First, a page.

The basic techniques presented in Chap. 4 are the building blocks on which a matching solution is built. Once the similarity or (dis)similarity between ontology entities are available, the alignment remains to be computed. This involves more global treatments. In particular, the following aspects of building a working matching system are considered in this chapter:
  • aggregating the results of the basic methods in order to compute the compound similarity between entities (§5.2) and organising the combination of various similarities or matching algorithms (§5.1);
  • developing a strategy for computing these similarities in spite of cycles and non linearity in the constraints governing similarities (§5.3);
  • learning from data the best method and the best parameters for matching (§5.4);
  • using probabilistic methods to combine matchers or to derive missing correspondences (§5.5);
  • involving users in the loop (§5.6);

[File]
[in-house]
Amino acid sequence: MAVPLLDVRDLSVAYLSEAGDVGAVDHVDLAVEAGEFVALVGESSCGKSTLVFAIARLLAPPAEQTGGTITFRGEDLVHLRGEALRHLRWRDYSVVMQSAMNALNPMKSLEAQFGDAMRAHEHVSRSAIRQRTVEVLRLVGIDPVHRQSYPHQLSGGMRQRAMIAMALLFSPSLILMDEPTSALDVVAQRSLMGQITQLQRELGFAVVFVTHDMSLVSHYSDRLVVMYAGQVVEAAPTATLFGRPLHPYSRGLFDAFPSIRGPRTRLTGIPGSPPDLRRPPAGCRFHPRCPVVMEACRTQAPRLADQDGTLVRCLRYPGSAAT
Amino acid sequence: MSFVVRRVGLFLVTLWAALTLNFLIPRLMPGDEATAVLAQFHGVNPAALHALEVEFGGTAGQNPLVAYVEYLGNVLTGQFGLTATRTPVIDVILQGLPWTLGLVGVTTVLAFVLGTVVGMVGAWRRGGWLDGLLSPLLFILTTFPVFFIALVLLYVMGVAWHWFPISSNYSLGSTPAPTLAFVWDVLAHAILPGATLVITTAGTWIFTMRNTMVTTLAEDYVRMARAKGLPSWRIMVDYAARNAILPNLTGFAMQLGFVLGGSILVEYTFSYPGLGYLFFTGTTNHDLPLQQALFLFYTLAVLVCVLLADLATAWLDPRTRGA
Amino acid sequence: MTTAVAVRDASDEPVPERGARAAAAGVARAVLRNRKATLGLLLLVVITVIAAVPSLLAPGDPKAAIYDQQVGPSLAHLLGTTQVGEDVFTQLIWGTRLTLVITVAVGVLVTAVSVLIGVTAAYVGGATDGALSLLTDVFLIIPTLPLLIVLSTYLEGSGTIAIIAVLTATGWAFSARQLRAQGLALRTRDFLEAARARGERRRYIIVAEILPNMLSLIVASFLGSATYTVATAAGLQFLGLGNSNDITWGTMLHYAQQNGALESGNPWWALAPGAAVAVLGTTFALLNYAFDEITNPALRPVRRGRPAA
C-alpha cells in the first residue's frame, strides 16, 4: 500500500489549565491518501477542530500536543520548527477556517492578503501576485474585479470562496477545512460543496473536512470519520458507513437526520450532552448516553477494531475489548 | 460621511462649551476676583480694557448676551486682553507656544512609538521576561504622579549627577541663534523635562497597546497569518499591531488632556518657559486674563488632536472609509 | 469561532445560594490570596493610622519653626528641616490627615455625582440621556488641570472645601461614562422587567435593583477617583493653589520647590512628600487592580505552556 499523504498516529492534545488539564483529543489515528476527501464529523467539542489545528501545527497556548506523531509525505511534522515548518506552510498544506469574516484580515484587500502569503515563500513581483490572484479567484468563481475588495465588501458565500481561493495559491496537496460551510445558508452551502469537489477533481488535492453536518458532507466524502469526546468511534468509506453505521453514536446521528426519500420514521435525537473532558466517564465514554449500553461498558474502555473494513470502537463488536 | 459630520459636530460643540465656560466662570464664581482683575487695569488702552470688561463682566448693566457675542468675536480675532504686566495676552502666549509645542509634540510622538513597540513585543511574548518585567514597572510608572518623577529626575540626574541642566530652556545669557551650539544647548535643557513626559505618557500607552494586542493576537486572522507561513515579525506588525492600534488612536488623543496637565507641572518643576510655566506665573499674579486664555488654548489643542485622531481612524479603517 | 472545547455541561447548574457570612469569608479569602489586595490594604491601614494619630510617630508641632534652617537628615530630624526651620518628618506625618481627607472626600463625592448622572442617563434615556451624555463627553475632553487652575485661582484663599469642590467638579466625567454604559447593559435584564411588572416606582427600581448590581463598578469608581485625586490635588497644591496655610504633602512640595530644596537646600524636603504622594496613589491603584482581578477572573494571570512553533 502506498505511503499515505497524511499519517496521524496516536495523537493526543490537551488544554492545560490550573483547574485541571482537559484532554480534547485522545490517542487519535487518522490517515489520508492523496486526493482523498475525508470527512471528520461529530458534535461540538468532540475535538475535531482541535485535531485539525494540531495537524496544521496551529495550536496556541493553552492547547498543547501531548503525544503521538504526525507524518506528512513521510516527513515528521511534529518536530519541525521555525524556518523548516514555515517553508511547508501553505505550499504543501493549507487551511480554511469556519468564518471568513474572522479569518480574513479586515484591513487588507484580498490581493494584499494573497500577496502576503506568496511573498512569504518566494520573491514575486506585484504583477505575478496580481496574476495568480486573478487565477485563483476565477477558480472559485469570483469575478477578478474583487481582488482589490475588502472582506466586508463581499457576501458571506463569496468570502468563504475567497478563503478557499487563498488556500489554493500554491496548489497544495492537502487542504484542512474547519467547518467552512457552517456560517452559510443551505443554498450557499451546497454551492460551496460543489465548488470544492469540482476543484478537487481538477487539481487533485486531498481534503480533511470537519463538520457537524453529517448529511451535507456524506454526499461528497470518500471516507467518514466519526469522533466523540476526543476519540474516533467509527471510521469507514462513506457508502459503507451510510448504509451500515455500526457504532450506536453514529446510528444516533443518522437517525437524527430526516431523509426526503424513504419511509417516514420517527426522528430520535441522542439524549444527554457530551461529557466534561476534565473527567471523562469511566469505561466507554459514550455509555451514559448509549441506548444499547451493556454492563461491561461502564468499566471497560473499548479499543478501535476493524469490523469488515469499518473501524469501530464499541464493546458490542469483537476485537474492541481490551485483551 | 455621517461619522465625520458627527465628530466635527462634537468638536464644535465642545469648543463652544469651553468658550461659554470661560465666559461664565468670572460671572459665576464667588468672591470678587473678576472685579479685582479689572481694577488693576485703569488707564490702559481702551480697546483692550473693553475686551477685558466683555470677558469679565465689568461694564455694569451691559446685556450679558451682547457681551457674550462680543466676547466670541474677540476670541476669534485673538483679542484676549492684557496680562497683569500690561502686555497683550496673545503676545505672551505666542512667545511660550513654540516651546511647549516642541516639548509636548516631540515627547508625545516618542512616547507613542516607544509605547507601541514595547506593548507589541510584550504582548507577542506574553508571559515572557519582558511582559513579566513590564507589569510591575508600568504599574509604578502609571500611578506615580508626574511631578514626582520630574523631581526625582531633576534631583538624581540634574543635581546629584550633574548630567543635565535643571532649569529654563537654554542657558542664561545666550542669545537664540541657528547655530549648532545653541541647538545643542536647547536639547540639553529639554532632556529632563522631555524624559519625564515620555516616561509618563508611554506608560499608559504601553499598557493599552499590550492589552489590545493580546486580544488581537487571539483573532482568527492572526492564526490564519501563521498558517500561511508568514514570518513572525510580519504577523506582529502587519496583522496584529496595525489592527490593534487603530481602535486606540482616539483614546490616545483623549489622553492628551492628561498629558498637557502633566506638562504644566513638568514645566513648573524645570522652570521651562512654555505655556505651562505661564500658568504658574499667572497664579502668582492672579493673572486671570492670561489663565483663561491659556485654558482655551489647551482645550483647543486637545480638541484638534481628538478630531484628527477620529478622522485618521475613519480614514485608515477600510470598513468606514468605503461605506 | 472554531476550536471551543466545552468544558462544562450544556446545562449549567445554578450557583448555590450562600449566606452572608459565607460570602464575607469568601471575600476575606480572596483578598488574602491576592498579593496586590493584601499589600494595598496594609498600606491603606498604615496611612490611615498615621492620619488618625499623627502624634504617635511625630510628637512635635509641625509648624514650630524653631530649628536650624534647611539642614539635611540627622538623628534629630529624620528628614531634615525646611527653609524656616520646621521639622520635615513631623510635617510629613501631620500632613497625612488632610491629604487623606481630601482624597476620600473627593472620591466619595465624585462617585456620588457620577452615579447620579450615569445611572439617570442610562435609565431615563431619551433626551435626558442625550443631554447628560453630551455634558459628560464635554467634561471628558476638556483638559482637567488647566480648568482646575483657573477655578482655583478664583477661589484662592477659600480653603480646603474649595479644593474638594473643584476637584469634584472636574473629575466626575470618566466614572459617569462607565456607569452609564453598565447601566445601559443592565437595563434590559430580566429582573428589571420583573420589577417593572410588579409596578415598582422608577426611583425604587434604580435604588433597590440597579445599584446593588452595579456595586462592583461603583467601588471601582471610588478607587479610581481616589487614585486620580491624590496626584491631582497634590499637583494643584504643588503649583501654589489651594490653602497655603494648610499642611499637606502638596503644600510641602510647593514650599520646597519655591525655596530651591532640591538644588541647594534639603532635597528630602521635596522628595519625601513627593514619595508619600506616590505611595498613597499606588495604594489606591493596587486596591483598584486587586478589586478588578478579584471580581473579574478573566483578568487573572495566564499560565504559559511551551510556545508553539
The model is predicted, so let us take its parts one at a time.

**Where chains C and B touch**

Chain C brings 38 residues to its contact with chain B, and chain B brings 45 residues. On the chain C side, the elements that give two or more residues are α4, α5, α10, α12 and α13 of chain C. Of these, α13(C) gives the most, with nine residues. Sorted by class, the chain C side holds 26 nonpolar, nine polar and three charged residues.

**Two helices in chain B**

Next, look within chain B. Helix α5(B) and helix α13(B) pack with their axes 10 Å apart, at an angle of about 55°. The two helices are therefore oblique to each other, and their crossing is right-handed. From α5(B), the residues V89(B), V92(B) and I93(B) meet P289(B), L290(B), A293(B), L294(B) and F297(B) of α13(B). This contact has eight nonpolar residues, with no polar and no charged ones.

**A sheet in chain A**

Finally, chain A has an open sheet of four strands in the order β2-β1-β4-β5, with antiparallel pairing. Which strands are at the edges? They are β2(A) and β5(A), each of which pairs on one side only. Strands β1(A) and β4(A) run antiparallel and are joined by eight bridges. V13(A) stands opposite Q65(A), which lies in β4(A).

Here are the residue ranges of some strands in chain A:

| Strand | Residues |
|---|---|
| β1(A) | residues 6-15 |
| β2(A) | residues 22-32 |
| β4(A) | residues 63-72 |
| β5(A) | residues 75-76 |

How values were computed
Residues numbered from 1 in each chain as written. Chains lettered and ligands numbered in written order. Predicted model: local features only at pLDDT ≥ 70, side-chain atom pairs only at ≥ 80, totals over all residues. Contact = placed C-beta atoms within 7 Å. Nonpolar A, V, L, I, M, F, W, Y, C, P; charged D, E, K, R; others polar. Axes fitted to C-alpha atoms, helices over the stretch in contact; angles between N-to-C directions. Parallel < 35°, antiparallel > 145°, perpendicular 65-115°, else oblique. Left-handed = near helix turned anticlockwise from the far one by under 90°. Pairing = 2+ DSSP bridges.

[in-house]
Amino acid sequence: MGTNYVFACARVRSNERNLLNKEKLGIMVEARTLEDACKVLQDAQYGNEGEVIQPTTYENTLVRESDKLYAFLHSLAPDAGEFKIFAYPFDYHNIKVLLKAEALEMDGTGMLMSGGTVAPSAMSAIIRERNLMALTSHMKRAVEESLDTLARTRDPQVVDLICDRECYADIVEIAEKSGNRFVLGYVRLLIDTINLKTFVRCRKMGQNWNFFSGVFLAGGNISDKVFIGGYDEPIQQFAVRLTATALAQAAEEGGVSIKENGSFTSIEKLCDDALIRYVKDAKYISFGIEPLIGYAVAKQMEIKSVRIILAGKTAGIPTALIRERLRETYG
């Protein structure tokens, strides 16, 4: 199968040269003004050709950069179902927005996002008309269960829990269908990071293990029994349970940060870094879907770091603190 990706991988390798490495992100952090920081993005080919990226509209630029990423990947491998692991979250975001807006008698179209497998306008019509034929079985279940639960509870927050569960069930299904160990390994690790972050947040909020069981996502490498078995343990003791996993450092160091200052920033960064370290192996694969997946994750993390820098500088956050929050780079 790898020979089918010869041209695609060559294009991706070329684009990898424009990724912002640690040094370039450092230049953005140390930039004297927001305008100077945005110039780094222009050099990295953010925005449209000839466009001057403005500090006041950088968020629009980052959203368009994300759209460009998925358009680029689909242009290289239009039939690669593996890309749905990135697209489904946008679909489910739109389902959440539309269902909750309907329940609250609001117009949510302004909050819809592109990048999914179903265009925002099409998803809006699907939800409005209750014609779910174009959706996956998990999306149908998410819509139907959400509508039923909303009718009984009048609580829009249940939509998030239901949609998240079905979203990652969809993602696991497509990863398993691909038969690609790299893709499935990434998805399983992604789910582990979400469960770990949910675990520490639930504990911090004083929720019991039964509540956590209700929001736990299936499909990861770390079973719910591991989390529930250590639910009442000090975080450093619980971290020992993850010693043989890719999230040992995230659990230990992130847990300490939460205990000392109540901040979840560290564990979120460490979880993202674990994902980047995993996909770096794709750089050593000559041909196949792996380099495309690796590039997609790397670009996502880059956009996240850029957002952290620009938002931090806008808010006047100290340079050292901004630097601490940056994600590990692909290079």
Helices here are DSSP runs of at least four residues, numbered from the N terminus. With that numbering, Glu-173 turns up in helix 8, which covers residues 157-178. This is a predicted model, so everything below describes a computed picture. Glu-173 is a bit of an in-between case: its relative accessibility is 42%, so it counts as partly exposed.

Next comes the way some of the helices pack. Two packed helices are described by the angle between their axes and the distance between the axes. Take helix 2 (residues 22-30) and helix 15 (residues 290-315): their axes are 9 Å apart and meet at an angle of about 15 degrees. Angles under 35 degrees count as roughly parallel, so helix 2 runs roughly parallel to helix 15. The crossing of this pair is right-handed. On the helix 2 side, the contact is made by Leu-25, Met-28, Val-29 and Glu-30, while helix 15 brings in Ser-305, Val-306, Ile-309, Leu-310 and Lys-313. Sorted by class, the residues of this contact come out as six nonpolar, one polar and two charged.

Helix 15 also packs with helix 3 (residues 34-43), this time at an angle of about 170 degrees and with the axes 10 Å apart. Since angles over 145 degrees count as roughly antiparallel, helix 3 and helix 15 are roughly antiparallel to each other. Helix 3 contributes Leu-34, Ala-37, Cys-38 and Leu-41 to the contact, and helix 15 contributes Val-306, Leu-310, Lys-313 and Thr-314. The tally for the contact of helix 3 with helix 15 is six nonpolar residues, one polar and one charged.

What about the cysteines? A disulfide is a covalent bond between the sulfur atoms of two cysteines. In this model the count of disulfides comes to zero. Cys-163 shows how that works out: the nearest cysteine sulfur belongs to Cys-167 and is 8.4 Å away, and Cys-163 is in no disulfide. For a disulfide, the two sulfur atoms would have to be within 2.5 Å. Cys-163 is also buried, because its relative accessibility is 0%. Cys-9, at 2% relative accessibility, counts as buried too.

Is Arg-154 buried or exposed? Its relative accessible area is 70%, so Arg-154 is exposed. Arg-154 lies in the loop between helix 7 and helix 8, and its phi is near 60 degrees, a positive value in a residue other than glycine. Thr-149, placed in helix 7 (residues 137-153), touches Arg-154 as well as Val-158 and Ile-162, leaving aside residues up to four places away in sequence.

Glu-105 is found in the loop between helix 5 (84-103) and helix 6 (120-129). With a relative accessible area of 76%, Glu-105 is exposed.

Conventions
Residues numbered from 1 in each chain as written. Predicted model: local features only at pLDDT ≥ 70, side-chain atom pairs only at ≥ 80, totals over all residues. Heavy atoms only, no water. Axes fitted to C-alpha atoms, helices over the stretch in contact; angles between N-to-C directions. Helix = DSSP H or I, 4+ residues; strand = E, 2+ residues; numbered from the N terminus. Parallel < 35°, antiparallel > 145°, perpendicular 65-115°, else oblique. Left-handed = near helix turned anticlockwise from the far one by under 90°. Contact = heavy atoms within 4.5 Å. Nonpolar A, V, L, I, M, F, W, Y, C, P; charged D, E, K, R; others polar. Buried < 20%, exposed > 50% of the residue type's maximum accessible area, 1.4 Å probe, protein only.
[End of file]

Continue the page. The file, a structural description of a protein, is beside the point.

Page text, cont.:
• extracting the alignments from the resulting (dis)similarity: indeed, different alignments with different characteristics can be extracted from the same (dis)similarity (§5.7).

Systems and evaluation

Frontmatter

6. Overview of matching systems

Abstract
This chapter is an overview of matching systems which have emerged during the last decade. There have already been some comparisons of matching systems, in particular in [Parent and Spaccapietra, 2000, Rahm and Bernstein, 2001, Do et al., 2002, Kalfoglou and Schorlemmer, 2003b, Noy, 2004a, Doan and Halevy, 2005, Shvaiko and Euzenat, 2005]. Our purpose here is not to compare them in full detail, though we give some comparisons, but rather to show their variety, in order to demonstrate in how many different ways the methods presented in previous chapters have been practically exploited.

7. Evaluation of matching systems

Abstract
The increasing number of methods available for ontology matching suggests the need for evaluating these methods. However, very few extensive experimental comparisons of algorithms are available. Matching systems are difficult to compare, but we believe that the ontology matching field can only evolve if evaluation criteria are provided. These should help system designers to assess the strengths and weaknesses of their systems as well as help application developers to choose the most appropriate algorithm.

Representing, explaining, and processing alignments

Frontmatter

8. Frameworks and formats: representing alignments